Phishing scams are among the most prevalent forms of cybercrime, especially in the United States. Although phishing is becoming more widespread, just a few common sense practices can help prevent it from happening to you. Apart from ensuring you install security software, the best way to combat these scams is to learn what phishing looks like.
What is phishing?
Phishing (pronounced “fishing”) is a kind of identity theft which is growing in popularity amongst hackers. By using fraudulent websites and false emails, perpetrators attempt to steal your personal data – most commonly passwords and credit card information.
The email they send can look just like it comes from a financial institution, e-commerce site, government agency or any other service or business. It often urges you to act quickly, because your account has been compromised, your order cannot be fulfilled or some other pressing matter.
Phishing attacks may also appear to come from other types of organizations, such as charities. Attackers often take advantage of current events and certain times of the year, such as:
- natural disasters
- epidemics and health scares
- economic concerns
- major political elections
How to protect yourself from phishing
- Be suspicious of unsolicited phone calls, or email messages from individuals asking confidential information. If an unknown individual claims to be from a legitimate organization, try to verify his or her identity directly with the company;
- Do not reveal personal or financial information in email, and do not respond to email solicitations for this information. This includes following links sent in email;
- Pay attention to the URL of a website. Malicious websites may look identical to a legitimate site, but the URL may use a variation in spelling or a different domain (e.g., .com vs. .net);
- If you are unsure whether an email request is legitimate, try to verify it by contacting the company directly. Do not use contact information provided on a website connected to the request; instead, check previous statements for contact information;
- Having the latest software updates including operating system, software applications, web browsers, anti-virus protection are the best defenses against viruses, malware and other online threats;
- Utilize the anti-phishing features offered by your email client and web browser;
- Read Your Account Statements thoroughly as soon as they arrive to make sure that all transactions shown are the ones that you actually made. Be sure that the bank or merchant has your current contact information.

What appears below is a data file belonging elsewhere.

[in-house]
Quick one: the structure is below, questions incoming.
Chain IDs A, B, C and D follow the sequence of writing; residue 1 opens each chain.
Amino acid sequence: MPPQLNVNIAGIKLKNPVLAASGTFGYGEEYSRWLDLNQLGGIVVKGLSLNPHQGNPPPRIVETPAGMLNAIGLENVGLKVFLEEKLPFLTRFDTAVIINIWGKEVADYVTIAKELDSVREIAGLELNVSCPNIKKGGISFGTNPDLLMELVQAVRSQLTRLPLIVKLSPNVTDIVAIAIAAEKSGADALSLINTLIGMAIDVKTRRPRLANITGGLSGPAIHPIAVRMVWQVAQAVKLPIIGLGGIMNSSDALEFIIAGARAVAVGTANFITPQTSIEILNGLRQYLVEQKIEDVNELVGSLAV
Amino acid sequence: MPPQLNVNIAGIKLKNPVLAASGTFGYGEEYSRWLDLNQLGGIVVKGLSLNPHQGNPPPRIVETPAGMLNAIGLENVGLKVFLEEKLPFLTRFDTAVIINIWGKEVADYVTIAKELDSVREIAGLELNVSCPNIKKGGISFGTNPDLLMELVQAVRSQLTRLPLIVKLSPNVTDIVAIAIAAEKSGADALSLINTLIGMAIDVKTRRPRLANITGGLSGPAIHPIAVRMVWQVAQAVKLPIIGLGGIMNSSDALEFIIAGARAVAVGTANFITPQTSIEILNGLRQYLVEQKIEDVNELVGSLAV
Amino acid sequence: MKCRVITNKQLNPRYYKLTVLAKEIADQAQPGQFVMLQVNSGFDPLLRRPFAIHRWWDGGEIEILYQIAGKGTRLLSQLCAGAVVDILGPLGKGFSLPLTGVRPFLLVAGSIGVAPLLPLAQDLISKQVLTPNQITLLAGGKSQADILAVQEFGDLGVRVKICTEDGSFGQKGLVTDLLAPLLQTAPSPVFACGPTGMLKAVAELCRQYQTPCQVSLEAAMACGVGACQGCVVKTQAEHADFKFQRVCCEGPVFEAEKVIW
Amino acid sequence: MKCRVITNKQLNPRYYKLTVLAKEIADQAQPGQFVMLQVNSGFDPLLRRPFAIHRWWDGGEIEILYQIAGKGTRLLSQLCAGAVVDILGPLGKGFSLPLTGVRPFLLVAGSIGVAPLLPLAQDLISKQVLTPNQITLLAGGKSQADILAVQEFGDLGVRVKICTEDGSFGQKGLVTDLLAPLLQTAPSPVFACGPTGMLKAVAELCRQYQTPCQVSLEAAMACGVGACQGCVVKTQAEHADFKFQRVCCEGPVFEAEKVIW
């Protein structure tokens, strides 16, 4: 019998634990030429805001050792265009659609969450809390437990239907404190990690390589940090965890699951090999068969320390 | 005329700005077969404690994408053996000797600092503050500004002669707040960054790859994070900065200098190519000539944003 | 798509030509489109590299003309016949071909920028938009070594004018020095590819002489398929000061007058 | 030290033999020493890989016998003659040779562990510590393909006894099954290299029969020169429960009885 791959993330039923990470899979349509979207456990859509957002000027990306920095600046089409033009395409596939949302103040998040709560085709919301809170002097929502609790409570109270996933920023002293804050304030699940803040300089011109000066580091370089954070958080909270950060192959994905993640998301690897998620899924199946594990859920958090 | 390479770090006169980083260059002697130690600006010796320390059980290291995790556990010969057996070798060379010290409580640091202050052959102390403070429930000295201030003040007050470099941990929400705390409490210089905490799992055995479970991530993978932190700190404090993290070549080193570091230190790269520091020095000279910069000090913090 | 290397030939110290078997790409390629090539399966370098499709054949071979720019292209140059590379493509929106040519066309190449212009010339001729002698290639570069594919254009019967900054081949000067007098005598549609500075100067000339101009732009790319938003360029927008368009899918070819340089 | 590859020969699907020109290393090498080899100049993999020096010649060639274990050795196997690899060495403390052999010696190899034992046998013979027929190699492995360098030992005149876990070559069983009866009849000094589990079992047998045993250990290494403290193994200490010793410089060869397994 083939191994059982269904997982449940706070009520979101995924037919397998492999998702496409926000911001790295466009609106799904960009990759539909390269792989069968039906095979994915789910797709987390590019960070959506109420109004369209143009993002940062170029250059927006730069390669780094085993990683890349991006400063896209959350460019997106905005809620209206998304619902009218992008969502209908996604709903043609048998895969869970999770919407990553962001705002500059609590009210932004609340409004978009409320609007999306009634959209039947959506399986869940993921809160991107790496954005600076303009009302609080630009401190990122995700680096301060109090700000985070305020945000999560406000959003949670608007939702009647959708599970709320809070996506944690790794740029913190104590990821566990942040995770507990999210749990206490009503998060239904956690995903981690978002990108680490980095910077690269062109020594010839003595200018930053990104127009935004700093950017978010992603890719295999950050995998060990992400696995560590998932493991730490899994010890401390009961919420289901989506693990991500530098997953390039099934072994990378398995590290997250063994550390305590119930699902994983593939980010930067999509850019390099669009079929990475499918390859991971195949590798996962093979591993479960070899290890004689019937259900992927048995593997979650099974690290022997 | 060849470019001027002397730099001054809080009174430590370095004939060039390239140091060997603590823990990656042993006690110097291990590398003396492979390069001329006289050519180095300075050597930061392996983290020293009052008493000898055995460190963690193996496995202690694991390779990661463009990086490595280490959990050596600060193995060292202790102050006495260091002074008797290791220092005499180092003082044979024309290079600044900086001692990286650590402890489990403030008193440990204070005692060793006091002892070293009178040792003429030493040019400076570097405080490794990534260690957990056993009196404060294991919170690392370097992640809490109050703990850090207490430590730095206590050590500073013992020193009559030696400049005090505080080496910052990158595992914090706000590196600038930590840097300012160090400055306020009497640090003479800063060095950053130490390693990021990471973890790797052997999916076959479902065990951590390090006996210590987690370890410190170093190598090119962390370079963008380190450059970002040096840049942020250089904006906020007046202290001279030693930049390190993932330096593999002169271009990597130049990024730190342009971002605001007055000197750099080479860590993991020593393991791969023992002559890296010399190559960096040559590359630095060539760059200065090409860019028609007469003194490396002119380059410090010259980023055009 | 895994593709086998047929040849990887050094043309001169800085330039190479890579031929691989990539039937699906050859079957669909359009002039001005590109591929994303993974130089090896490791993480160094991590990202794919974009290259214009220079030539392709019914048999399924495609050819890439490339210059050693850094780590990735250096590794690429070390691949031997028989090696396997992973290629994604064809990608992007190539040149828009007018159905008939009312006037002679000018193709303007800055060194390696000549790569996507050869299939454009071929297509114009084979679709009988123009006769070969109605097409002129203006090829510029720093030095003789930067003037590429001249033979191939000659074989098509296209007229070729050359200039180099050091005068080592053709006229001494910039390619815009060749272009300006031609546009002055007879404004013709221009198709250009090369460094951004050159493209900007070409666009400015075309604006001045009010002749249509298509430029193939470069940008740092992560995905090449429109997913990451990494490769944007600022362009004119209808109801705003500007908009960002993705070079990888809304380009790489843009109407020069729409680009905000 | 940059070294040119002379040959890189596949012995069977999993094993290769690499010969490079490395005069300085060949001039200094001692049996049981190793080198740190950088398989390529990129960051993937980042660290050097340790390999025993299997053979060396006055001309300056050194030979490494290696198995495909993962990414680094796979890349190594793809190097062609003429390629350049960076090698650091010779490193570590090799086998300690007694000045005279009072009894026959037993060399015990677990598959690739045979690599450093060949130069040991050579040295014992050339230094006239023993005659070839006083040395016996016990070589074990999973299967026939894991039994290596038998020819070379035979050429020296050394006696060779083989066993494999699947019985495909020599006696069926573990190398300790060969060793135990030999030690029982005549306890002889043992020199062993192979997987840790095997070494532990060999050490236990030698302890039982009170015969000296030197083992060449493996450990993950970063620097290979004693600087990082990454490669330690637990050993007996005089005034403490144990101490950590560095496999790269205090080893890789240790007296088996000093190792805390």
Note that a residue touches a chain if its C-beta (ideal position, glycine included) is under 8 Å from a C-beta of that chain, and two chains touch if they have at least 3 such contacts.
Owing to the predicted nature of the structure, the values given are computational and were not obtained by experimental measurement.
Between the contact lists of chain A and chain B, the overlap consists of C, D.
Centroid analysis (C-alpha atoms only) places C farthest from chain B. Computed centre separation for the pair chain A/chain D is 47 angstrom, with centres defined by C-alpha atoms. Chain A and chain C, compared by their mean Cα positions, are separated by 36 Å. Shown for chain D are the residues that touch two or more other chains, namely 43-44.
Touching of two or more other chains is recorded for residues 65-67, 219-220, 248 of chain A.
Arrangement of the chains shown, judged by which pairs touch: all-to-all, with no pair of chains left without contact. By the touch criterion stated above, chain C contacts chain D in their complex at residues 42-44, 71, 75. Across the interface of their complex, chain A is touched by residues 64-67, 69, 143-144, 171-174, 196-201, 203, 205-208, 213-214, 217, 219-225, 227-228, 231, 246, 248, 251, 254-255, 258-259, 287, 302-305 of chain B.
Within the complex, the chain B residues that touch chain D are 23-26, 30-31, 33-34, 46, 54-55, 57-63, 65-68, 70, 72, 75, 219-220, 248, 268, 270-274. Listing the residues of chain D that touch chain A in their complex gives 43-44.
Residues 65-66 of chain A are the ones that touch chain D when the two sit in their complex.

What do you do if you think you are a victim?
- If you believe your accounts may be compromised, contact your financial institution immediately and close any accounts that may have been compromised. Watch for any unauthorized charges to your account;
- Immediately change any passwords you might have revealed. If you used the same password for multiple resources, make sure to change it for each account, and do not use that password in the future;
- If you think that you’re the victim of identity theft visit the Federal Trade Commission’s feature on Identity Theft for information on how to control the damage;
- Consider reporting the attack to the police, and file a report with the Federal Trade Commission (http://www.ftc.gov/).
- When in doubt, throw it out: Links in email, tweets, posts and online advertising are often the way cybercriminals compromise your computer. If it looks suspicious, even if you know the source, it’s best to delete or, if appropriate mark it as junk mail;
- Think before you act: Be wary of communications that implores you to act immediately, offers something that sounds too good to be true, or asks for personal information;
- Make your passwords long and strong: Combine uppercase and lowercase letters with numbers and symbols to create a more secure password;
- Unique account, unique password: Separate passwords for every account helps to thwart cybercriminals.